Self-adhesive label use in Europe has now exceeded five billion square meters (53.8 billion square feet) a year as sales in 2006 soared overall by 7.7 percent, according to Jules Lejeune, managing director of FINAT, the European label association.
Over the last 10 years, the use of self-adhesive labels has grown by 86 percent — from just under three billion square meters in 1996 to last year’s 5.28 billion square meters, he told FINAT’s annual Congress in Berlin. It passed the three billion square meter mark in 1997, and topped four billion square meters in 2002.
The downside is that pressure on margins is keeping profitability low. “I have shown you positive growth figures, but we are in this business to make money; and profitability, after showing negative signs in recent years, is still very low. However, our survey does show that consumer and business confidence across Europe is upbeat,” he said.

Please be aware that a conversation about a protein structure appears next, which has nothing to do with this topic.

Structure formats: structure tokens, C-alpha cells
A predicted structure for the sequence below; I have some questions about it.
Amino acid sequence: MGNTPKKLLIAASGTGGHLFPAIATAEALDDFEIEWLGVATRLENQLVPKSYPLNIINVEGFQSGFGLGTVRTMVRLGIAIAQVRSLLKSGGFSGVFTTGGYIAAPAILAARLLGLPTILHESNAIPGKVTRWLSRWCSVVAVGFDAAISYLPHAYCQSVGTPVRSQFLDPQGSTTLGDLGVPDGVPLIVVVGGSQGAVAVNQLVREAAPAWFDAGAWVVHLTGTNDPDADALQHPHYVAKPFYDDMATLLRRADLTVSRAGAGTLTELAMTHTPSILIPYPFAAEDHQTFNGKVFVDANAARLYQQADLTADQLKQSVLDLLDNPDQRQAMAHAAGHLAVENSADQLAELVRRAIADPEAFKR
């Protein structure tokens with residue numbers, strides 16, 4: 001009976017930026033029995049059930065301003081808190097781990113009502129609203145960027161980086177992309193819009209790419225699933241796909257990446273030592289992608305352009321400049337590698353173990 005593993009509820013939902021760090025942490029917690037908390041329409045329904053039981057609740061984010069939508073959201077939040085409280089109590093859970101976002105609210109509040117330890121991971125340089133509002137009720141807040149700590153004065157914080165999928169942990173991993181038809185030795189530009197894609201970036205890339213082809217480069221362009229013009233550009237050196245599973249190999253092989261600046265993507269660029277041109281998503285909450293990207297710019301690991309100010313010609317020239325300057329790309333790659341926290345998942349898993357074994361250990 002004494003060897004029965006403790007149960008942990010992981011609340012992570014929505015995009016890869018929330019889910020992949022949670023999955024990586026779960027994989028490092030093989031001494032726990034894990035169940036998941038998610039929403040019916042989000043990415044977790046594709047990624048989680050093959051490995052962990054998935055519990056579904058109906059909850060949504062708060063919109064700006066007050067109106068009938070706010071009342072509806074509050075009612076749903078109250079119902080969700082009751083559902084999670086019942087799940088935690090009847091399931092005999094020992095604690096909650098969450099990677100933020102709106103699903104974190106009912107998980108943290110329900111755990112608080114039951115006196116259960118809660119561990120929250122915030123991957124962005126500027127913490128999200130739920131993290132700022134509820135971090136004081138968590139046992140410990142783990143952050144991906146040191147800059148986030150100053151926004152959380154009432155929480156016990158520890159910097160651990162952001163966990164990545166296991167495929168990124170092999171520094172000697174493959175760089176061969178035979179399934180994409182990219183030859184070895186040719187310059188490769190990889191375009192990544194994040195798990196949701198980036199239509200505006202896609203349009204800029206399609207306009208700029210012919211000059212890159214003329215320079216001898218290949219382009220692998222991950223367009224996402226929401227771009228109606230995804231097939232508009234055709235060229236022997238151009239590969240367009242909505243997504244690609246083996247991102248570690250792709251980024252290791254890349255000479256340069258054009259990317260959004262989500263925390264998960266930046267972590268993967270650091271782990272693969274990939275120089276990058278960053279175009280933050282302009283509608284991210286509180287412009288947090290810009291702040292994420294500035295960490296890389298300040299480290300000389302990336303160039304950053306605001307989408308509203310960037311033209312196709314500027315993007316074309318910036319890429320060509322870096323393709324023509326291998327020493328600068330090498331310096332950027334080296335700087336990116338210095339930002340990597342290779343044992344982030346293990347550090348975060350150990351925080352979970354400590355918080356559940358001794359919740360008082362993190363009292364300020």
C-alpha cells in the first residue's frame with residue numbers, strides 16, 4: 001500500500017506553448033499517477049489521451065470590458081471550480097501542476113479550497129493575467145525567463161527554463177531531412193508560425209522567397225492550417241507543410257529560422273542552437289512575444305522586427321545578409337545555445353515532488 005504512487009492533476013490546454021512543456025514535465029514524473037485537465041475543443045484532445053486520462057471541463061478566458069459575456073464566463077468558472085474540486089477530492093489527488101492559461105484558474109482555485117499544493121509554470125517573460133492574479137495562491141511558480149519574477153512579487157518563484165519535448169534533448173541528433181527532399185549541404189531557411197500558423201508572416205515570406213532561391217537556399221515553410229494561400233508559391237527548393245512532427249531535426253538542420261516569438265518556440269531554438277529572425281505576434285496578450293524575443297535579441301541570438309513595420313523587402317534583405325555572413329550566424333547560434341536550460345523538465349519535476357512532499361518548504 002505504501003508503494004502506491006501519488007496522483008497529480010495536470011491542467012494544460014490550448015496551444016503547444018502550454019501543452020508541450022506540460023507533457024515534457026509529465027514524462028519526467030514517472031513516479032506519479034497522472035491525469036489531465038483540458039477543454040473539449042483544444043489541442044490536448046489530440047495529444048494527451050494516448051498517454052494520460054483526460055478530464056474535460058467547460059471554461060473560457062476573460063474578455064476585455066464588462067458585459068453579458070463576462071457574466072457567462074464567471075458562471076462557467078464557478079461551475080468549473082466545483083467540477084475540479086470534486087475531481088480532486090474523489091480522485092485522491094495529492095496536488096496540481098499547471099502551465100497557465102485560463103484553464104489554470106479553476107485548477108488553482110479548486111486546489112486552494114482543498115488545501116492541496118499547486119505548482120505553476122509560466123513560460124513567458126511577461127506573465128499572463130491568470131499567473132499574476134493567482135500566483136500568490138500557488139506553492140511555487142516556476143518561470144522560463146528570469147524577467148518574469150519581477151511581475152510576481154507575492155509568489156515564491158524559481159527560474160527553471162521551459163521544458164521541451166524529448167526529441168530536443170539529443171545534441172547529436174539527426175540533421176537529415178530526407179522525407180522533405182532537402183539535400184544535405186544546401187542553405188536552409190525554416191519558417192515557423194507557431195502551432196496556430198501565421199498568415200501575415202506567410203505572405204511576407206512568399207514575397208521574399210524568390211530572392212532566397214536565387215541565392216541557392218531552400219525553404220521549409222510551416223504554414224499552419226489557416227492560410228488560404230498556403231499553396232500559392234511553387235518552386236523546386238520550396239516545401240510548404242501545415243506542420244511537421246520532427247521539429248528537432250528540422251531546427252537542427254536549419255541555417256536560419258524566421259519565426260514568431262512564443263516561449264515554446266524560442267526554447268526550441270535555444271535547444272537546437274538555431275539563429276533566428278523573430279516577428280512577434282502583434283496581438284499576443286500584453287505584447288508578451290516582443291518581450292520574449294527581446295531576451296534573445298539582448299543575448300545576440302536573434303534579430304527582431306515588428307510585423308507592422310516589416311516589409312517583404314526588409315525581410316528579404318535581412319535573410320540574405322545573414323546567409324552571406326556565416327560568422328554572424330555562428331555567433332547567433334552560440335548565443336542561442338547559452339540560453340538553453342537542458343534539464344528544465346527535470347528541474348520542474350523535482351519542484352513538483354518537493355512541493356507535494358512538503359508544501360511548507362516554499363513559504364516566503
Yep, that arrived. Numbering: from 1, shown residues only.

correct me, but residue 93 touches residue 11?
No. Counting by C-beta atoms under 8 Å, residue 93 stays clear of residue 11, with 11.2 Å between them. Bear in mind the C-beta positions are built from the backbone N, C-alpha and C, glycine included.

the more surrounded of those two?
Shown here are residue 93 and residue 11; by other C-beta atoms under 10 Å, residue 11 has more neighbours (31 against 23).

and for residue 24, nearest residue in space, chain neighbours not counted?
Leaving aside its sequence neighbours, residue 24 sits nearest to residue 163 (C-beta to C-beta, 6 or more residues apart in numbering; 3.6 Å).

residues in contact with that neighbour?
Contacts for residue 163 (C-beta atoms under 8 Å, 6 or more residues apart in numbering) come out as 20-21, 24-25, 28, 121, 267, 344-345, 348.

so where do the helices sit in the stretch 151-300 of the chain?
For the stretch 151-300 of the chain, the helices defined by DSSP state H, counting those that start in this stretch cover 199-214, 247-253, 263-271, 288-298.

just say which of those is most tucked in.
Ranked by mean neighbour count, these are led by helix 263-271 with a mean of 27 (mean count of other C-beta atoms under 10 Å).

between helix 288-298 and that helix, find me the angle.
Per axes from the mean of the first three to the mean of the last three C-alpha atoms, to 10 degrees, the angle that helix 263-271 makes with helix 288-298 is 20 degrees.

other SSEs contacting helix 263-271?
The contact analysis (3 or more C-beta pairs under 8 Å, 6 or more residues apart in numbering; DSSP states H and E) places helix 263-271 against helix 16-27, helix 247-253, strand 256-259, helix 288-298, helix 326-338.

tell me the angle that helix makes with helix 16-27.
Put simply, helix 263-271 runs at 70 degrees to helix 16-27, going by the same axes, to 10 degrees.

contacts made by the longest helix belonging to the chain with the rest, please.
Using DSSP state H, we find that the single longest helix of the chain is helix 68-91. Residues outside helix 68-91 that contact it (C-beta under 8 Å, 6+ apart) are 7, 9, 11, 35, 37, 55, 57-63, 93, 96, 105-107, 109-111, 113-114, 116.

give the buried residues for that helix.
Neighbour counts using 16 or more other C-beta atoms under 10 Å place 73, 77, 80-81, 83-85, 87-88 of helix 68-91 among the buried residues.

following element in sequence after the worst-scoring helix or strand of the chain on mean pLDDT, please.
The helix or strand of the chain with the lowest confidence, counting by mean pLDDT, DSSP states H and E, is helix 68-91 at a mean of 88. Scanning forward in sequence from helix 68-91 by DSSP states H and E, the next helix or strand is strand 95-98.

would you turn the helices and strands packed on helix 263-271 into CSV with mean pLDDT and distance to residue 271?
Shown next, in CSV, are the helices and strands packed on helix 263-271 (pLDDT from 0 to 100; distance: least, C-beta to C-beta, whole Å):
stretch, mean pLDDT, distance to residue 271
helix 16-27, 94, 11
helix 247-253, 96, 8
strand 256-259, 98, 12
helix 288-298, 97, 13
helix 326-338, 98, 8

Nevertheless, last year’s growth was achieved in each of the industry’s main areas — paper rolls, non-paper rolls, paper sheets, and non-paper sheets — although when examined across the five regions of Europe (Scandinavia, UK and Ireland, Central, Southern and Eastern Europe) growth patterns were erratic.
Lejeune pointed out that in the paper rolls market, Eastern Europe led the way with a 15 percent growth (from a low base), followed by Southern Europe (up 6.9 percent), Central Europe (up 6.7 percent), with Scandinavia only showing a four percent increase and the UK and Ireland barely changing with just a 0.3 percent improvement. Overall paper roll sales grew by 6.4 percent.
But in the non-paper rolls market — the fastest expanding sector — Scandinavia showed a 20.8 percent increase in demand and the UK and Ireland 6.4 percent. Southern Europe lagged behind with only a 5.8 percent improvement, but Central Europe (16.2 percent) and Eastern Europe (28.2 percent) had the largest expansion. Over the whole market non-paper rolls expanded by 13.2 percent.
Similarly in the paper sheet market, Scandinavia showed a 23.5 percent fall, prompting Lejeune to